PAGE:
LAS VEGAS (KLAS) — Changing signs at Harry Reid International Airport is proving more expensive than planned, and the total price tag is now up to $7.68 million, documents show.
On Tuesday, Clark County commissioners approved $4.77 million to fund the most expensive part of the project. “Marquee – Landmark Signs” on Tropicana Avenue had an original budget of $1.95 million and now are estimated to cost an estimated $2.82 million more than planned.
Those signs on Tropicana — one at Koval Lane and one at Paradise Road — will be built where temporary signs have already been changed to reflect the Reid name.
The funds come from an account set up by Clark County to hold private donations that are paying for the name change.
When the project began in October 2021, $4.2 million in private donations was raised to fund the project. Total estimated costs have grown to $7.68 million.
The name change from McCarran to Reid is still in Phase 1. The county plans to make up some of that shortfall in Phase 2 and Phase 3.
But by the end of Phase 1, the project will be $1,030,000 in the hole.
Through Phase 2 and Phase 3, the county expects to cut that deficit to $468,452.
Records show a $1 million donation was made in early November of 2023.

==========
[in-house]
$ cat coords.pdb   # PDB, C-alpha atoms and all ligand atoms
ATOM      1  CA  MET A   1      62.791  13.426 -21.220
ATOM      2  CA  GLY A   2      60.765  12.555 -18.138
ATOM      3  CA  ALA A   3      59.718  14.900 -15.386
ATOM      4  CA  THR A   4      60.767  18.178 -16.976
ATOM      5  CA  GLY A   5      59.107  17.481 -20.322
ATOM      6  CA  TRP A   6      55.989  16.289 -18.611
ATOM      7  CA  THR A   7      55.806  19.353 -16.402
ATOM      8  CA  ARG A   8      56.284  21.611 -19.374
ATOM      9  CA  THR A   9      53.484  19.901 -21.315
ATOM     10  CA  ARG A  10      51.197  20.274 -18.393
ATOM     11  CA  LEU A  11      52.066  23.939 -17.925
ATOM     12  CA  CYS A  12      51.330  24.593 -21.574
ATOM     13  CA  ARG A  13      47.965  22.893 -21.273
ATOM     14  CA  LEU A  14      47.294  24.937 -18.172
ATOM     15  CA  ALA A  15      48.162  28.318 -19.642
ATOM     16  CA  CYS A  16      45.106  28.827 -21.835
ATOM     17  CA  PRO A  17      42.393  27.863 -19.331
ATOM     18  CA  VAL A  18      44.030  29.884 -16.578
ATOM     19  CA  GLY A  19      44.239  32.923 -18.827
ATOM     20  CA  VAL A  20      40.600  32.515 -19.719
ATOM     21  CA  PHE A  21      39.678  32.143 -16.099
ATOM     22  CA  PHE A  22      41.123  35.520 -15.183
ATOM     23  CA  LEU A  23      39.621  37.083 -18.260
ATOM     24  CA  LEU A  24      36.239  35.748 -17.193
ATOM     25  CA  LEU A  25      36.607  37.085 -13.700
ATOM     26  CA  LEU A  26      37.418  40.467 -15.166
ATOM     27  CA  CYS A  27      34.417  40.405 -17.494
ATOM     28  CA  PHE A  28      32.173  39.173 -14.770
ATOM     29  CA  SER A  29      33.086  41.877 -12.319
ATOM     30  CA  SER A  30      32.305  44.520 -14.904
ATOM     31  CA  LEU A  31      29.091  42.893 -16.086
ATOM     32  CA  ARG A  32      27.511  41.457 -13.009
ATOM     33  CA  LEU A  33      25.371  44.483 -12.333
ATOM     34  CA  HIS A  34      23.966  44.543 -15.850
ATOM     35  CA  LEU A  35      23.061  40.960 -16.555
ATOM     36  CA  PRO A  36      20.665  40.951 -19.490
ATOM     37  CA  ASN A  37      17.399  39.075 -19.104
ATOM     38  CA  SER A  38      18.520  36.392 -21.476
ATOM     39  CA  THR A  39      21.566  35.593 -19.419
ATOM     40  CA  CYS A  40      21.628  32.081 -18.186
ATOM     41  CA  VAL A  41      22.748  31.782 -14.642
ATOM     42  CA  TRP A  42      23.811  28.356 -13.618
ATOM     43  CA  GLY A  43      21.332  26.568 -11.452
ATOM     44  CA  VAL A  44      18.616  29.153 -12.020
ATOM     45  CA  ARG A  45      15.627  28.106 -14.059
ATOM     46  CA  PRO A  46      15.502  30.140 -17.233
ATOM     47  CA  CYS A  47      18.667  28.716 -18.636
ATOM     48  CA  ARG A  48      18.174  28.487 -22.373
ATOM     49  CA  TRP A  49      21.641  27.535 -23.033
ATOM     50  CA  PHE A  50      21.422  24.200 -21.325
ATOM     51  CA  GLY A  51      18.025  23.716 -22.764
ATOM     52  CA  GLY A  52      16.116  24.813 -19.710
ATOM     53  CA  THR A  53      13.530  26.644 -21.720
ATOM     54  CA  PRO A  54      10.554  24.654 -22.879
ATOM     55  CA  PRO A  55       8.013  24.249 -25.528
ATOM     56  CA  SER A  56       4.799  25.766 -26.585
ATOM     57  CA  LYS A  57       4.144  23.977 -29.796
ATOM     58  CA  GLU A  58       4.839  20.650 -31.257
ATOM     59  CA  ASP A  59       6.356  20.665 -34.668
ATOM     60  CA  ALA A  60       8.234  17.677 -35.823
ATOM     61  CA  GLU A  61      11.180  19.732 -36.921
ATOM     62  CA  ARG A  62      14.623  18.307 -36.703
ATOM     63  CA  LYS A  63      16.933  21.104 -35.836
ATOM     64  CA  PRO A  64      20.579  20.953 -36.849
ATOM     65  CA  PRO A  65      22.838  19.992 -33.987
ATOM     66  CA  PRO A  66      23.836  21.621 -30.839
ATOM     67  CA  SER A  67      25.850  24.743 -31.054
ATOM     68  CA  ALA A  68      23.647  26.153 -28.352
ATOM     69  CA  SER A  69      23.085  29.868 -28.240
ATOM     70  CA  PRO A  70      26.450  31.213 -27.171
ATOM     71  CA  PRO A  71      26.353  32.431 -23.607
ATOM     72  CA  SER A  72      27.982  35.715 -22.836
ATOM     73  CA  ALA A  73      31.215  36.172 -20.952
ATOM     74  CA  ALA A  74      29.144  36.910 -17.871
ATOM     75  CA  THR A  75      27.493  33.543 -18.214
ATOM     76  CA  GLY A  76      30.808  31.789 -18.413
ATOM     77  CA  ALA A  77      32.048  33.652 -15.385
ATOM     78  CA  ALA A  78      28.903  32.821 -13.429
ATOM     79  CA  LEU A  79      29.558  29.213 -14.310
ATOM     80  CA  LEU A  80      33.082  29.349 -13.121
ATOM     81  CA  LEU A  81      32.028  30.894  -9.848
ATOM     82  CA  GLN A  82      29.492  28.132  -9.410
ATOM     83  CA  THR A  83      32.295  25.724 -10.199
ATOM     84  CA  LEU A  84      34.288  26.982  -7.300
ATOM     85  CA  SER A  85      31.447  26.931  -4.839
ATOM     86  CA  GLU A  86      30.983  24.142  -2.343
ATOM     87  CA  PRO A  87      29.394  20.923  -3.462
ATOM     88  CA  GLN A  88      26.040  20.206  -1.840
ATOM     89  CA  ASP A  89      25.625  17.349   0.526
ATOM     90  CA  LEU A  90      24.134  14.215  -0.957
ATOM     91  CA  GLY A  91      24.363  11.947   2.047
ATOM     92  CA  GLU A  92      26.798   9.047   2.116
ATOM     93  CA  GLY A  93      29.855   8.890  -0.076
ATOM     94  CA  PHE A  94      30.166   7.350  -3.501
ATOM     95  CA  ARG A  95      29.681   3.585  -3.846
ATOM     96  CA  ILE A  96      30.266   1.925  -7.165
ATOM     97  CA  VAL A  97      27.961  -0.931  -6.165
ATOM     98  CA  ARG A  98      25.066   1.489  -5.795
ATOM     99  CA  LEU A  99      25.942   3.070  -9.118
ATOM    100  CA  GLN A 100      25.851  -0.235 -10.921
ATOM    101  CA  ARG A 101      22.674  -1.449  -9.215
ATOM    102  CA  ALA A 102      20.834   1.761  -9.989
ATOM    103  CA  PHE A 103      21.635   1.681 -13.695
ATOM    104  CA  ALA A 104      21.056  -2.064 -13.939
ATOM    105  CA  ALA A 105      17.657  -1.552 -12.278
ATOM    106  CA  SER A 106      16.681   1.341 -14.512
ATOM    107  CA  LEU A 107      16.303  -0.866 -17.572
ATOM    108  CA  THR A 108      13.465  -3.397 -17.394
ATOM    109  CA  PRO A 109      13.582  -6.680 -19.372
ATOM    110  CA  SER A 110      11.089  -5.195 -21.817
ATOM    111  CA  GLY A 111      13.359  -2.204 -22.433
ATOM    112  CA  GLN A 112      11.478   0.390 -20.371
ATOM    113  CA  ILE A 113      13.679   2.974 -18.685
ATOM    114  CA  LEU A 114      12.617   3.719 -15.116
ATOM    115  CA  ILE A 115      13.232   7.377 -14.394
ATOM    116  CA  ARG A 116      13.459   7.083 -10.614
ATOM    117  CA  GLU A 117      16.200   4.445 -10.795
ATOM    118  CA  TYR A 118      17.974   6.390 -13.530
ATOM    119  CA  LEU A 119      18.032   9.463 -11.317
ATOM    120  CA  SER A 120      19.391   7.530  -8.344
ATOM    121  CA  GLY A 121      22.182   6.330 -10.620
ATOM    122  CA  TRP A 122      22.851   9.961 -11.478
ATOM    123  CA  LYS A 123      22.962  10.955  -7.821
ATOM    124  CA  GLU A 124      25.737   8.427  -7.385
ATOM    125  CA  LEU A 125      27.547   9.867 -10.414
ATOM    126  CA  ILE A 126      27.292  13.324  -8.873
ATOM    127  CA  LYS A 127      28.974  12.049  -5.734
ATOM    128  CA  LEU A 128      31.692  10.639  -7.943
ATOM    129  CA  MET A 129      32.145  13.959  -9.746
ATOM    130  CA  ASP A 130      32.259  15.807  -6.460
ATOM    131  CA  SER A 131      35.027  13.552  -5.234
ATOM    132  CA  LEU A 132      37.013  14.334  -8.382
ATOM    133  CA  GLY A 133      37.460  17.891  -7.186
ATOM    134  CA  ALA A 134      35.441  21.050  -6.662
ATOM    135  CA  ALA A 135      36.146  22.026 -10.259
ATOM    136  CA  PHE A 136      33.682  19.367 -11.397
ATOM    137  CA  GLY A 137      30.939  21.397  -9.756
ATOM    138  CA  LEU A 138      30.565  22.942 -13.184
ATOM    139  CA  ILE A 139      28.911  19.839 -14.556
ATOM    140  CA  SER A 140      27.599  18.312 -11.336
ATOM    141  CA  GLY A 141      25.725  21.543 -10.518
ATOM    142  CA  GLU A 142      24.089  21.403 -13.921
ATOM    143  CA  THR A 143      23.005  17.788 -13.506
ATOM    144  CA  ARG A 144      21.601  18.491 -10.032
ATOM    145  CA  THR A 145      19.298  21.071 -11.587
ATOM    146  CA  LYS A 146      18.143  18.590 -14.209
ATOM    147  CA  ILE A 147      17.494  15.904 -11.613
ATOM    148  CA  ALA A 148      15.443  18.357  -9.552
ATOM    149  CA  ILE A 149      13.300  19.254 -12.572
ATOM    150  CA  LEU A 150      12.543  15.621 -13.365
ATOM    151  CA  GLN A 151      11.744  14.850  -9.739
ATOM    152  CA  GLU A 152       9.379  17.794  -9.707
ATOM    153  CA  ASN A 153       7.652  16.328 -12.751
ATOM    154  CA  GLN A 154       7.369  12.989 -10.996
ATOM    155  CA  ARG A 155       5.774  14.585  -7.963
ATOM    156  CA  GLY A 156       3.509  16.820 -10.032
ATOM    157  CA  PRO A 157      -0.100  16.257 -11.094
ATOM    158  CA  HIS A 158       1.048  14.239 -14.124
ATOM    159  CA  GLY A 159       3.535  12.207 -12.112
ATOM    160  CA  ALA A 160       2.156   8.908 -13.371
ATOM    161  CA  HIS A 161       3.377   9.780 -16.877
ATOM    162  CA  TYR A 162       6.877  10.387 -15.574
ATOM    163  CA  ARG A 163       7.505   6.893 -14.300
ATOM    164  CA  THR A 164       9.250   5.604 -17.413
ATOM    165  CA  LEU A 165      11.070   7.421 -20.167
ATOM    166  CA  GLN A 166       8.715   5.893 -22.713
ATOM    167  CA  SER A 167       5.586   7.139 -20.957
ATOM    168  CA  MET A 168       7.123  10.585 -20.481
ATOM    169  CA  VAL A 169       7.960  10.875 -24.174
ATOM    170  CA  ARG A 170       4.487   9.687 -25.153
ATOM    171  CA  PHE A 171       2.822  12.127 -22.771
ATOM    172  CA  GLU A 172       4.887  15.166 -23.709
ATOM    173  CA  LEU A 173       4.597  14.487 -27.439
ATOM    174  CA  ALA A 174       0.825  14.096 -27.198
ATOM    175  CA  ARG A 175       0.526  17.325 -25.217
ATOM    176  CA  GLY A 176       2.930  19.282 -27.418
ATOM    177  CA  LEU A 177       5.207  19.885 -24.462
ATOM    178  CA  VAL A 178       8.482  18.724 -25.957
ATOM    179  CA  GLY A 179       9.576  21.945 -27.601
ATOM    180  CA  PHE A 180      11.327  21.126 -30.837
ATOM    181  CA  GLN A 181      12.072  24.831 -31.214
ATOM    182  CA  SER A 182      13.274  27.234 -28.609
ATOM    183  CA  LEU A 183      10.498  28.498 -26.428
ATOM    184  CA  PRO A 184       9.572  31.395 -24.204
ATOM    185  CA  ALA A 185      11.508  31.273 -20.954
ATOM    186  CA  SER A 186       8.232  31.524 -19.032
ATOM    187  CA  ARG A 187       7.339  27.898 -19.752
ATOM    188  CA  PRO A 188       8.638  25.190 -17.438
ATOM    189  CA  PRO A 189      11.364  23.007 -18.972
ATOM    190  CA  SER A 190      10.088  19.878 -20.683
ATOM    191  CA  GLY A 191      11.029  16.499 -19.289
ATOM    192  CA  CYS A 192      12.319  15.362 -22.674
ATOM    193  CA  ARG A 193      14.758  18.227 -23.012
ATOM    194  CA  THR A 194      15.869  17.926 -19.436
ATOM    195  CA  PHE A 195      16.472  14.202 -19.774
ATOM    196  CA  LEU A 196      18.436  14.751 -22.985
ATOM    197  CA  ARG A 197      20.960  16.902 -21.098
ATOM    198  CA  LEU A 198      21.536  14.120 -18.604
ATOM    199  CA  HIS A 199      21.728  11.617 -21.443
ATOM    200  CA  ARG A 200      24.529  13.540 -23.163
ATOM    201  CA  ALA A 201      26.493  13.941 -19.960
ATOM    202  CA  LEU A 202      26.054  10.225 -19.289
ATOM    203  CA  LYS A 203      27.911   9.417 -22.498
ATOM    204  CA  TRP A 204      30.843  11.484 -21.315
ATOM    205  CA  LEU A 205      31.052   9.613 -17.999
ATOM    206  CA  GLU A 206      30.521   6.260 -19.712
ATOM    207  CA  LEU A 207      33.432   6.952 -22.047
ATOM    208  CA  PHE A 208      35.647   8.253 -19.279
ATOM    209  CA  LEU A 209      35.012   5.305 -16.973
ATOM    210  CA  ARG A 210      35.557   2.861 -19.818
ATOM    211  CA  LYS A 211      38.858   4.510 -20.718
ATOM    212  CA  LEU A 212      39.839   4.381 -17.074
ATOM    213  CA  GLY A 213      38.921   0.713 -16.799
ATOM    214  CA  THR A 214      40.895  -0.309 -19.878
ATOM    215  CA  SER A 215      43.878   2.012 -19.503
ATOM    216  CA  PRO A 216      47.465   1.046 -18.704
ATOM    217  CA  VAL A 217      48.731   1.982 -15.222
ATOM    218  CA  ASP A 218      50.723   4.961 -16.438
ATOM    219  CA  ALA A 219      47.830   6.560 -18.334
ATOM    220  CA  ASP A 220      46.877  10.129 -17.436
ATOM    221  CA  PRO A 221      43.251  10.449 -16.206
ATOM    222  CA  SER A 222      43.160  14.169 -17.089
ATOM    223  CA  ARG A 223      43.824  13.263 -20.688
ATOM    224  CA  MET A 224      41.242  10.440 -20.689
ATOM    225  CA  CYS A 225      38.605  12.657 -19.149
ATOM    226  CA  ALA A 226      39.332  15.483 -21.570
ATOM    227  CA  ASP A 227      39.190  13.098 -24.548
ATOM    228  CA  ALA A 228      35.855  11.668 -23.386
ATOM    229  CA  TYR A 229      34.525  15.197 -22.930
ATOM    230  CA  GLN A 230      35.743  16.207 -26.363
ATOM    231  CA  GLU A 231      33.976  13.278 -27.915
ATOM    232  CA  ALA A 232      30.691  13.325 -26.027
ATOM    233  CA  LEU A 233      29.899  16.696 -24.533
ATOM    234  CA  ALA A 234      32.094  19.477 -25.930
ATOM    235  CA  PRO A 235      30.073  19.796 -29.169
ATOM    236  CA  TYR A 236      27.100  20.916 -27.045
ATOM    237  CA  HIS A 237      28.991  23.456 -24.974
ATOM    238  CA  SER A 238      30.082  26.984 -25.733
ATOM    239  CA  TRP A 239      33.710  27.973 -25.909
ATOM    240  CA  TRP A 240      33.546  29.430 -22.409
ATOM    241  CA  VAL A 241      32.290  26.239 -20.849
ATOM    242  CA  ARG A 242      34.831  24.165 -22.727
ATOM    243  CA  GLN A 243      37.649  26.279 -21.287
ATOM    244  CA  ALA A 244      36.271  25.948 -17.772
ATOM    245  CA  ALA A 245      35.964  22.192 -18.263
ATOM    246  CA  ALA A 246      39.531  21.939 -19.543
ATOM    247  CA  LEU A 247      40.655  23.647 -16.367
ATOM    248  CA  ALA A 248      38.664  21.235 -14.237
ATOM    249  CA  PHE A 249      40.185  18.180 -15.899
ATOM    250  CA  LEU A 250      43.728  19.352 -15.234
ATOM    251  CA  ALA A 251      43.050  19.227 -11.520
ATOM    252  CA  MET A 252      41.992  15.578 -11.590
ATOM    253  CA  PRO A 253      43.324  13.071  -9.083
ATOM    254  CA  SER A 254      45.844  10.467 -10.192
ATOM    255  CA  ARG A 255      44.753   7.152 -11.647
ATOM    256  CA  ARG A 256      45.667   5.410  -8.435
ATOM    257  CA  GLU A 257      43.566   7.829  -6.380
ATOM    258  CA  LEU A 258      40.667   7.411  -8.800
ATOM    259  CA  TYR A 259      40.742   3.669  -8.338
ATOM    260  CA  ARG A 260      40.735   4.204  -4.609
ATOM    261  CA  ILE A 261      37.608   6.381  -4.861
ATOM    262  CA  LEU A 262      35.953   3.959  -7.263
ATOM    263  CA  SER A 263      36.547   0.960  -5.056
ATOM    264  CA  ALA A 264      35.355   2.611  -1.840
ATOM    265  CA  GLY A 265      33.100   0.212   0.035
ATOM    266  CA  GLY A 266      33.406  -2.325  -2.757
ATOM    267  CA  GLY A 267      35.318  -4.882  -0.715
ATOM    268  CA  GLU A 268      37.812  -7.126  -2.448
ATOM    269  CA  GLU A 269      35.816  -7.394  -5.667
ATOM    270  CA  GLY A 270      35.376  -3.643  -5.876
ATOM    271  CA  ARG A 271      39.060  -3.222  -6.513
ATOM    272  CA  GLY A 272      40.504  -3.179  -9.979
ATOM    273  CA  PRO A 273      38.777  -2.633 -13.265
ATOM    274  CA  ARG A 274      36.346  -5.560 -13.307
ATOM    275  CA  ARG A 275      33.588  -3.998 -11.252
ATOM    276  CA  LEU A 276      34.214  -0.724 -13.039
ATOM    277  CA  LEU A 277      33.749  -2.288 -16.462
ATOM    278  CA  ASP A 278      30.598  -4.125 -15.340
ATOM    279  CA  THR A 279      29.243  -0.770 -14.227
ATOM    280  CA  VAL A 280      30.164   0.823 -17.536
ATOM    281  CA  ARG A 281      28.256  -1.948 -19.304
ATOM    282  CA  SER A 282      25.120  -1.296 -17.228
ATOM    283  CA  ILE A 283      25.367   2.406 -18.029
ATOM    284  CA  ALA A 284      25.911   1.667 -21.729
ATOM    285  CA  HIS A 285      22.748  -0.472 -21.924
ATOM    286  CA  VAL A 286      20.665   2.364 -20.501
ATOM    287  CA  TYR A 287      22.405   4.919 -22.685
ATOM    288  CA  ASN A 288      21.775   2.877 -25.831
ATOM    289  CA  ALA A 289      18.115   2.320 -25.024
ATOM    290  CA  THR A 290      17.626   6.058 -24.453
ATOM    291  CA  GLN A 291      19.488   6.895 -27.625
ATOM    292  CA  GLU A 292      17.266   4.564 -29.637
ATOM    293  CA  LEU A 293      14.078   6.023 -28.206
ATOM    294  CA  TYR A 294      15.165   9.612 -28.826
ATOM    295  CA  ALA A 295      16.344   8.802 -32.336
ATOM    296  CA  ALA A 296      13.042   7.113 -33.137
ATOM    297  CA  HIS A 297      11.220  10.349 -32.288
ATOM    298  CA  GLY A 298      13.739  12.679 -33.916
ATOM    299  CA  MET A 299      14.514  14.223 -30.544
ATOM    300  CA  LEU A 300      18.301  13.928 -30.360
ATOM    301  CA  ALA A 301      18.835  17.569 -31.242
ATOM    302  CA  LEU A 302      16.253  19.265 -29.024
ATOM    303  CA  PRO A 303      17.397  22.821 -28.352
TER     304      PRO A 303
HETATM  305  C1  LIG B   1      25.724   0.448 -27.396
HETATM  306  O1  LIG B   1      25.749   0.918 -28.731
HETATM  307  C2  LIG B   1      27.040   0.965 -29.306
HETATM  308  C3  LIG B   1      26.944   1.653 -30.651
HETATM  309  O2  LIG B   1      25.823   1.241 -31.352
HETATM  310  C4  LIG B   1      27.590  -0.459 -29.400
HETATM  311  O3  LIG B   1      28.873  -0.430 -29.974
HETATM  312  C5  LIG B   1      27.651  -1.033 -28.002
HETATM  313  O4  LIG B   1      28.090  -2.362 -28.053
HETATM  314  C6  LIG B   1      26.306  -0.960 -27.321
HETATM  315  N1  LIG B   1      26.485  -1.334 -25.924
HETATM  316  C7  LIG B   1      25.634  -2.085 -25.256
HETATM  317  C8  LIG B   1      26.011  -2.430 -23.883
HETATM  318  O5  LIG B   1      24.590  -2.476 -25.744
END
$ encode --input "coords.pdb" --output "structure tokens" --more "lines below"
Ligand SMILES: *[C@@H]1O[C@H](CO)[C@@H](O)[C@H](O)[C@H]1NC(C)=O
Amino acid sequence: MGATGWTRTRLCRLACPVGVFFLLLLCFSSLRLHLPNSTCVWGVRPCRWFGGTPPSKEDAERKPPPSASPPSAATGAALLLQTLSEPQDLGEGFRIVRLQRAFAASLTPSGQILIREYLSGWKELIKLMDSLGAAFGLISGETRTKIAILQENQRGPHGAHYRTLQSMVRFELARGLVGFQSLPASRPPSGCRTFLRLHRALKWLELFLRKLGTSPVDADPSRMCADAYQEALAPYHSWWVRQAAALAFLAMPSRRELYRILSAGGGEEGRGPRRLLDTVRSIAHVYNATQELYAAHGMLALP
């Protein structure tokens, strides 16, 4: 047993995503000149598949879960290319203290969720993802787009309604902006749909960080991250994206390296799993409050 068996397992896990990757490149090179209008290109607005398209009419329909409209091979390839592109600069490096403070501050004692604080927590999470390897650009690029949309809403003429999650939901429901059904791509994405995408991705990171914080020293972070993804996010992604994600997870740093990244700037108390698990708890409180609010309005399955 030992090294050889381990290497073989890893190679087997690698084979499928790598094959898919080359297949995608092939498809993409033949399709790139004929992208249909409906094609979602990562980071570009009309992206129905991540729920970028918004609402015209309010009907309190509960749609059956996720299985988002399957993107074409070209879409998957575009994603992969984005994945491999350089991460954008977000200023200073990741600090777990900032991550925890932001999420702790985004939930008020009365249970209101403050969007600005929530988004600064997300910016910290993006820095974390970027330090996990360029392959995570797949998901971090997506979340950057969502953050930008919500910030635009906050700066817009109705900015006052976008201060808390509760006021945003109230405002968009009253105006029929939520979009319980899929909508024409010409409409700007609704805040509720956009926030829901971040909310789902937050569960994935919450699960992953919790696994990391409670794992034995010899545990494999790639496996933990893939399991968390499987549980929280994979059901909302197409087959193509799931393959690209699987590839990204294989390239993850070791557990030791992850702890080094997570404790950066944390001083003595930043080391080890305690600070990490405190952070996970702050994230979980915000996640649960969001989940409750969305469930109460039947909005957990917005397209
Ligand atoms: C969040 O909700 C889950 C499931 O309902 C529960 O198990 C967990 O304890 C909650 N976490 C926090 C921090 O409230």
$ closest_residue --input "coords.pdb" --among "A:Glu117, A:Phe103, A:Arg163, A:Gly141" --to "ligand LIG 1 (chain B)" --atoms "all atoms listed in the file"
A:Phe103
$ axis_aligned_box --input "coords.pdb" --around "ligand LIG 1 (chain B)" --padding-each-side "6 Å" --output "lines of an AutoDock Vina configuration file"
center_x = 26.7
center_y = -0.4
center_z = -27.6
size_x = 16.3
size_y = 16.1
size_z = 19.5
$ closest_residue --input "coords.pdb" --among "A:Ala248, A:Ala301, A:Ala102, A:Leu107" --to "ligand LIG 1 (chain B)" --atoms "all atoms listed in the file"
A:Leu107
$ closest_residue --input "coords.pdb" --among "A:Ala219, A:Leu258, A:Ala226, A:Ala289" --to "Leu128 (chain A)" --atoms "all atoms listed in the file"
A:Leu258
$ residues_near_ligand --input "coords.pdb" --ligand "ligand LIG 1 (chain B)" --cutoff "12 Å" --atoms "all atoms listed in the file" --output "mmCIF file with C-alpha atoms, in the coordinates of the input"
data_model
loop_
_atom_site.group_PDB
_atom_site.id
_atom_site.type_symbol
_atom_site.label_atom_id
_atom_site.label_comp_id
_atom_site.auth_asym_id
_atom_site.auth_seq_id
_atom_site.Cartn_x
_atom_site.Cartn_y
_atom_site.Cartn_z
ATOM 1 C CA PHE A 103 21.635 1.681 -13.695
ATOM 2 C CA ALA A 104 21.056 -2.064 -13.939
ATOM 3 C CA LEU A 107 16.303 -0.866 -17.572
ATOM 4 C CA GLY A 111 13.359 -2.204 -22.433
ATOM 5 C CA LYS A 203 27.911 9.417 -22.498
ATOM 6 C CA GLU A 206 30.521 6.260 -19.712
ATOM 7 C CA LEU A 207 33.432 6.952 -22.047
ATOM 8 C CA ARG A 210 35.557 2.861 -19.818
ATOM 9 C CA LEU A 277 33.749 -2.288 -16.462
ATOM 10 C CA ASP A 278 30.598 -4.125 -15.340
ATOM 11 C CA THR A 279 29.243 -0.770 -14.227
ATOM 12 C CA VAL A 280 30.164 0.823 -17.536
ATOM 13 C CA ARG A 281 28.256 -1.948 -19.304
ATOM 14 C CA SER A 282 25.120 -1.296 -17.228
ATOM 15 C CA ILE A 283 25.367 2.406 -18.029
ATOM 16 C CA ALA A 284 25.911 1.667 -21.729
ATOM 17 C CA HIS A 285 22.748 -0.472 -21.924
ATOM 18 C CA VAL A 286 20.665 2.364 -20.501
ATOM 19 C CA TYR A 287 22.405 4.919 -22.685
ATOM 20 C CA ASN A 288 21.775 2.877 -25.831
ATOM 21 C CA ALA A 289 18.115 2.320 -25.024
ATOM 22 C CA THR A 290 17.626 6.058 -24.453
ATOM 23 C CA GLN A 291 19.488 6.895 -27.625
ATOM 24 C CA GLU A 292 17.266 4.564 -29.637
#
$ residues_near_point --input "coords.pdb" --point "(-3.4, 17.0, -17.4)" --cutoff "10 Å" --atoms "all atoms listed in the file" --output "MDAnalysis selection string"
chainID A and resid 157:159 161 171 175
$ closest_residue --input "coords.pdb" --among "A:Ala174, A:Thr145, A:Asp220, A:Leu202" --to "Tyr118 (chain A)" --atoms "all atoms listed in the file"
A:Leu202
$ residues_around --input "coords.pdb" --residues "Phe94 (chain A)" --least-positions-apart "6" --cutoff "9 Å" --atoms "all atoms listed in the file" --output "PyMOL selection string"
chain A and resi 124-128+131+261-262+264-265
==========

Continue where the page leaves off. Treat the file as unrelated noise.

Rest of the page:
The battle to change the airport’s name goes back to 2017, when Democrat Tick Segerblom — serving in the state senate at the time — tried to pull McCarran’s name down over the Nevada senator’s record of racism, anti-Semitism and xenophobia. McCarran represented Nevada from 1932 until he died in 1954.
Now, Segerblom is chairman of the county commission. The $4.77 million expenditure came with no discussion as it was passed as part of the commission’s consent agenda. The contract went to Benchmark Contracting dba Cobblestone Construction.
The debate over changing the airport’s name polarized Republicans and Democrats in the state.
Reid, the long-time Democratic U.S. senator from Nevada, served in the U.S. Senate from 1987 until 2017. He was U.S. Senate Majority Leader during Barack Obama’s presidency. He died in late December of 2021, about two weeks after the airport was dedicated in his name. He was 82.